By 1971 Ochi had returned to Germany and settled in the city of Freiburg. His permit issues had been resolved with the help of Dr Wolfgang Hagedorn and others. He also had been joined by his wife Tomie.

Ochi became the Chief Instructor for the JKA Europe in 1971. Also, as Head Coach of the German National Team, he began to build a strong national side. At the 1972 European Championships, his team won the team kumite title.

In 1973 Ochi organised his first one-week summer Karate course. He invited top instructors from around the world to teach the attendees. Over the years Masatoshi Nakayama would attend the course to teach.

Ochi moved to the city of Bottrop, Germany. Because of its central location, Bottrop was a suitable place for his duties as German National Coach.

Success continued for Ochi and the German National Team. In 1975 he coached the side to first place in the team kumite event at the European Championships. In the same year, the 1st IAKF World Championships took place in Los Angeles. Ochi’s German team defeated a strong English team, consisting of Andy Sherry, Terry O’Neill and Billy Higgins on the way to the final. In the final, they lost out to a very strong Japanese team consisting of Masahiko Tanaka, Norimasa Hayakawa, Toshihiro Mori, Takeshi Oishi and Mikio Yahara.

Two years later Ochi coached the German National Team at the 2nd IAKF World Championships held in Tokyo, Japan. At the event held at the Budokan, the home of Japanese martial arts. Again, the team lost to Japan in the final. Ochi also coached the German National Side at the 3rd and 4th IAKF World Championships, held in Bremen in 1980 and Cairo in 1983. Both times they lost to Japan in the final. Ochi made Germany into one of the top kumite nations in the world. He had also been appointed the National Coach of the German Karate Association (DKV) in 1979.

At the age of 36, Ochi entered the 19th All Japan Karate Championships, in 1976. He had not competed in six years. At the time he was on holiday in Japan. He won the kata event, defeating Yoshiharu Osaka in the final. Three years later he met Osaka in the kata final of the 22nd All Japan Karate Championships. This time he finished second behind Osaka. At the age of 39, this was his last competition.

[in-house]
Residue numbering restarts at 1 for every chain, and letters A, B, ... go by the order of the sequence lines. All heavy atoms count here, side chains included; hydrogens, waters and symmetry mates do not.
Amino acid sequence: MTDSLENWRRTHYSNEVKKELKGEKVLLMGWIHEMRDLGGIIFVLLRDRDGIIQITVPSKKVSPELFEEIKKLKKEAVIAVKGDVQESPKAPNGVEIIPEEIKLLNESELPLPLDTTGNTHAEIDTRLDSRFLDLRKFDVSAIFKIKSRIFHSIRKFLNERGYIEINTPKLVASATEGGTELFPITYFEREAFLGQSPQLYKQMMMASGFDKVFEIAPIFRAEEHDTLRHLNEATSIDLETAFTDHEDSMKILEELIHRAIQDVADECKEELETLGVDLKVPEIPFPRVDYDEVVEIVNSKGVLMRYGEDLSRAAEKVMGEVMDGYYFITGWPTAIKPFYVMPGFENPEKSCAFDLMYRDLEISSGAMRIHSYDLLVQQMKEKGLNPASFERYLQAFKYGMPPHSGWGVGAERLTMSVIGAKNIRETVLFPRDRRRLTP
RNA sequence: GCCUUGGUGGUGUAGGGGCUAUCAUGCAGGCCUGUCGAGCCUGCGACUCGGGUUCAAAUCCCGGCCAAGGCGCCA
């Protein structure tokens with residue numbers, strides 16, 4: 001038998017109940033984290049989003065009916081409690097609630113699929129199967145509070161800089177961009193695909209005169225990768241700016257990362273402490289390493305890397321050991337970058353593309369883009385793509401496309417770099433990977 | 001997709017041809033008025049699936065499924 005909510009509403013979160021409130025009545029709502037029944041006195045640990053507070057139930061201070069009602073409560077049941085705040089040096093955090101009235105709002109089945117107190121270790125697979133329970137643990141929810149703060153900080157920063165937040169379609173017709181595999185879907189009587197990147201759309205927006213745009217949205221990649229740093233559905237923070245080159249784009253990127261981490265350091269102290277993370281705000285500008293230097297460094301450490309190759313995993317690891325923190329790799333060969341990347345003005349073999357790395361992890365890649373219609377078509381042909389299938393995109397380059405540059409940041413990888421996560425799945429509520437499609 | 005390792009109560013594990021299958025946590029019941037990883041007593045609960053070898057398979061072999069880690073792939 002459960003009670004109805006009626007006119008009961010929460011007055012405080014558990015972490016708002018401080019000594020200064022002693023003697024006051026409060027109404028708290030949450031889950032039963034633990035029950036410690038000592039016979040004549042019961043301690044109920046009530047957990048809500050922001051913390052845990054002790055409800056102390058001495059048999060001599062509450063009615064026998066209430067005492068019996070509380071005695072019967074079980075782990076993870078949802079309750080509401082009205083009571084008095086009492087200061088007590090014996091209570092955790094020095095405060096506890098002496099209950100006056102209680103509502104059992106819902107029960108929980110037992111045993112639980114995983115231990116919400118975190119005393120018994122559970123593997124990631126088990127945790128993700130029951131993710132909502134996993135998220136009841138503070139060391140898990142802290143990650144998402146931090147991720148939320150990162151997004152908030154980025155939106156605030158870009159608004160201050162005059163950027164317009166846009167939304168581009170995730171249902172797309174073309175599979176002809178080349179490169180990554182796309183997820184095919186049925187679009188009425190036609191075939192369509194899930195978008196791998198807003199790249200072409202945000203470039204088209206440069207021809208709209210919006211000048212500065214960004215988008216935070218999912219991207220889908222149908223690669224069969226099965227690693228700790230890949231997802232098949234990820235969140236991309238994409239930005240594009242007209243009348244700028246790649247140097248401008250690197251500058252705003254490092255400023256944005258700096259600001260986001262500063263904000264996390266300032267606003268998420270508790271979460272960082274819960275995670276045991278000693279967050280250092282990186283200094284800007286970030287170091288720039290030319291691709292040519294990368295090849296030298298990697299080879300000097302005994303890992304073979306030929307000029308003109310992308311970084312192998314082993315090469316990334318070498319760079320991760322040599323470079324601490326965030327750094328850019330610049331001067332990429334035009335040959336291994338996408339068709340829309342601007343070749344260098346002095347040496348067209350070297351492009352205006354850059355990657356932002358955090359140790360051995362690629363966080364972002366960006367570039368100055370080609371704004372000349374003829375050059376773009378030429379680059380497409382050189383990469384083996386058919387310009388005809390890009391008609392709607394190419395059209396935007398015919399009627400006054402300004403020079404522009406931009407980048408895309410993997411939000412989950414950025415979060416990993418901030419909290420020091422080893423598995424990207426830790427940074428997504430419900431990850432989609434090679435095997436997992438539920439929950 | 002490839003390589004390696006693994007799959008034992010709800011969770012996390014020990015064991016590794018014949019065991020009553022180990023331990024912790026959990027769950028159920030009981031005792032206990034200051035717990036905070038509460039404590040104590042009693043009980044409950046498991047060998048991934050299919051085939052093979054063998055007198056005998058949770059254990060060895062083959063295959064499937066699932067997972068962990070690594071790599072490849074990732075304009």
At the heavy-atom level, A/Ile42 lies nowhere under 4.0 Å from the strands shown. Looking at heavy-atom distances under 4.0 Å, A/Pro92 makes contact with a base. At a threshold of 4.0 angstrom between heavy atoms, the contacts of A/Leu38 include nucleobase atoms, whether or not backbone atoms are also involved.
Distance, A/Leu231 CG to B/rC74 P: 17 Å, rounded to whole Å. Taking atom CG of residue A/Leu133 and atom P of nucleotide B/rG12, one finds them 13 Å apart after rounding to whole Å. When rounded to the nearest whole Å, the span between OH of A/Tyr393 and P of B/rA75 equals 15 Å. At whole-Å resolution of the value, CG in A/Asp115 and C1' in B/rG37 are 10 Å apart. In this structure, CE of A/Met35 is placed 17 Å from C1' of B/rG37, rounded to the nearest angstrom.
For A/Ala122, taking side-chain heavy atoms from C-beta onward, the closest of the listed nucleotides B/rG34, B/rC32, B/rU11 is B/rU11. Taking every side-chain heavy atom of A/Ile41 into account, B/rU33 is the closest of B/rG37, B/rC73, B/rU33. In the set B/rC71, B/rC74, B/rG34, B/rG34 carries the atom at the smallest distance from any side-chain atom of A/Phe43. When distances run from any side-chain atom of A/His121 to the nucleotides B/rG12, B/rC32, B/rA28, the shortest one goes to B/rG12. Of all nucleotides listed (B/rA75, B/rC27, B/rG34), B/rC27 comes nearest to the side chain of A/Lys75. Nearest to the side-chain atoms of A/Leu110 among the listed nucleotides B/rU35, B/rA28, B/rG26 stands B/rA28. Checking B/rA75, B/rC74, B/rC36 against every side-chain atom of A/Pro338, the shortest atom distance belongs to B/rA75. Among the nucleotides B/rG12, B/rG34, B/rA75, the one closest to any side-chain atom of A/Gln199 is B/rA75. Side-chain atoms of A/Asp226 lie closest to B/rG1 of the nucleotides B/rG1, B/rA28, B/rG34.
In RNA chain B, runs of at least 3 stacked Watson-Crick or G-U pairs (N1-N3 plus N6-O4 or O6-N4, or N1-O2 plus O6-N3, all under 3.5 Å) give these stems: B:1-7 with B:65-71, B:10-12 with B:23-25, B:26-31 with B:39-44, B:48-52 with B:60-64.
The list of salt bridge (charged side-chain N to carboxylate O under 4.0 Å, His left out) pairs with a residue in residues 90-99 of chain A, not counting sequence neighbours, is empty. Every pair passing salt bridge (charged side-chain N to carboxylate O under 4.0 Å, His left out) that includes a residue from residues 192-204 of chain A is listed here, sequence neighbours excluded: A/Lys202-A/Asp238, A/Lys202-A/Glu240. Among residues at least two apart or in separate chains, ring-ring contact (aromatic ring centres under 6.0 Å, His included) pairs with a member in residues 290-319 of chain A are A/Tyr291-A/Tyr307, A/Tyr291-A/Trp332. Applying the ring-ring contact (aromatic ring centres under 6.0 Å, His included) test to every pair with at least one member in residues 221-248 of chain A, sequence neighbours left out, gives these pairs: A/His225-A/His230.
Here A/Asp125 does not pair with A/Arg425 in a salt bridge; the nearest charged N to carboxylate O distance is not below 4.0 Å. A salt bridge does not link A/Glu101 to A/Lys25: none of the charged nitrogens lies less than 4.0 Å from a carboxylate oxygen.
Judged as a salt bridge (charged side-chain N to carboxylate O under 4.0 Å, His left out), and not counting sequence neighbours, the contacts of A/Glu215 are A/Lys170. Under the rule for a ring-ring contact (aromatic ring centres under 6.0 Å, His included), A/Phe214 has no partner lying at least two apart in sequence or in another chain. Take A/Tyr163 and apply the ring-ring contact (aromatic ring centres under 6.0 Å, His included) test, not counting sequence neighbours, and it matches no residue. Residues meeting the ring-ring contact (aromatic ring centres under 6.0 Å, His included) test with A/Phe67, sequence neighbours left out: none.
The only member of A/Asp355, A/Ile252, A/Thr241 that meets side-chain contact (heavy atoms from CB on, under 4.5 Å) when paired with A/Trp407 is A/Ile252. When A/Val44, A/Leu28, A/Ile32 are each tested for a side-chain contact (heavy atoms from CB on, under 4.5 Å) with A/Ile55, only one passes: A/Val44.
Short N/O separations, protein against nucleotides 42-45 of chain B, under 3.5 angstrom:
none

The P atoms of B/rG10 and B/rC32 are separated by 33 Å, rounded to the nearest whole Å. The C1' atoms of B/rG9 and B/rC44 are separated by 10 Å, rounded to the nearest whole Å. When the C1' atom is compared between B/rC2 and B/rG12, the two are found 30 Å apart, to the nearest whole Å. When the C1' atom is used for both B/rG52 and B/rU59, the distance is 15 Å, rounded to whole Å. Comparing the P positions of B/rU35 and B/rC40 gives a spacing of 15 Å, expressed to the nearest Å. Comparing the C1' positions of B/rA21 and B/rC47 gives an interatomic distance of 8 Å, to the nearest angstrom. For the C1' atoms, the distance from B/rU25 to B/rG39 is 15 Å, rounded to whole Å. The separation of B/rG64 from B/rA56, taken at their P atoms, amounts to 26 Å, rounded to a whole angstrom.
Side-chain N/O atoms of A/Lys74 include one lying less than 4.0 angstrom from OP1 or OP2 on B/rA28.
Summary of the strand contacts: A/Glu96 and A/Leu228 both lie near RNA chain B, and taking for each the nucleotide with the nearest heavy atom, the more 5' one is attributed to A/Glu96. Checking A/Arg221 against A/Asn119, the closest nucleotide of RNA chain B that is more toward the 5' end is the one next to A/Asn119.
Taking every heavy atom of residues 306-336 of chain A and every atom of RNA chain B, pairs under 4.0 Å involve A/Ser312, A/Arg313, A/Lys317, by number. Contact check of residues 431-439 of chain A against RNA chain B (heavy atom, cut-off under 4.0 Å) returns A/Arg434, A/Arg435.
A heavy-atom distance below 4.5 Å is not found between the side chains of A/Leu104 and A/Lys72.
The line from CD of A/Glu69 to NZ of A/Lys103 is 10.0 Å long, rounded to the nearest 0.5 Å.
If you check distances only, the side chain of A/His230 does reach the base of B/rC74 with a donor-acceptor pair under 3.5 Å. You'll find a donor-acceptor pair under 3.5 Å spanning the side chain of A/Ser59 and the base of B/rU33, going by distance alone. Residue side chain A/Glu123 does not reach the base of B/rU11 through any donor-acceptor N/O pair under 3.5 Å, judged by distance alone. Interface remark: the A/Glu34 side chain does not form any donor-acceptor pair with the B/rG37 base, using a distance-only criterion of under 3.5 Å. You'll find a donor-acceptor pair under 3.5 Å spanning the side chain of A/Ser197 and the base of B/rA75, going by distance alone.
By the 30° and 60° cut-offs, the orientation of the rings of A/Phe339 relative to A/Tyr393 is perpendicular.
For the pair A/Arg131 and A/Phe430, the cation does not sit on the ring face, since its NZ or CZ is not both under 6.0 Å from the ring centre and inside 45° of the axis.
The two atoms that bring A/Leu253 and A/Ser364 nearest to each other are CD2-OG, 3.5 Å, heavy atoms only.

In 1993 Ochi resigned as National Coach of the German Karate Association (DKV). He was unhappy at the increasing development of Sport Karate. He wanted to return to a more traditional approach to Karate.

Ochi founded the DJKB (Deutscher JKA-Karate Bund) as the German branch of JKA. The aim of the DJKB was to help German Karate return to a more traditional approach to Karate and away from the growing influence of Sport Karate. Around 15,000 karatekas joined the DJKB.

In 1997 Ochi was awarded the German Federal Service Cross. This was in recognition of his contributions to the development of Karate in Germany and for also helping the communication between Japan and Germany. He became the second Japanese national to receive the award. 1997 also saw him promoted to 8th Dan.

Following Keinosuke Enoeda’s death in 2003, Ochi succeeded him as the Chief Instructor of JKA Europe in 2004. He became responsible for holding seminars and training camps across Europe.

In 2015 Ochi celebrated his 75th birthday. To mark the occasion a training camp was held in Lenzkirch-Kappel, located in the Black Forest region of Germany. The following year he was promoted to 9th Dan.

Away from Karate Ochi is involved in a lot of charitable work. With funds from his training courses, he helps destitute sportsmen. He also supports a school in Benin, West Africa, and has taught at his own expense in some South African townships. If that was not enough, he and his wife Tomie (a martial artist in her own right) have financed an orphanage in Cambodia.

Hideo Ochi is one of the best instructors to come out of Japan. Although a tough taskmaster, he is a charismatic instructor, respected around the world for the depth of his knowledge. He has also helped elevate German Shotokan Karate. His technical skills and fighting spirit saw him crowned JKA All Japan Grand Champion, a feat only ever achieved by a few very exceptional karateka.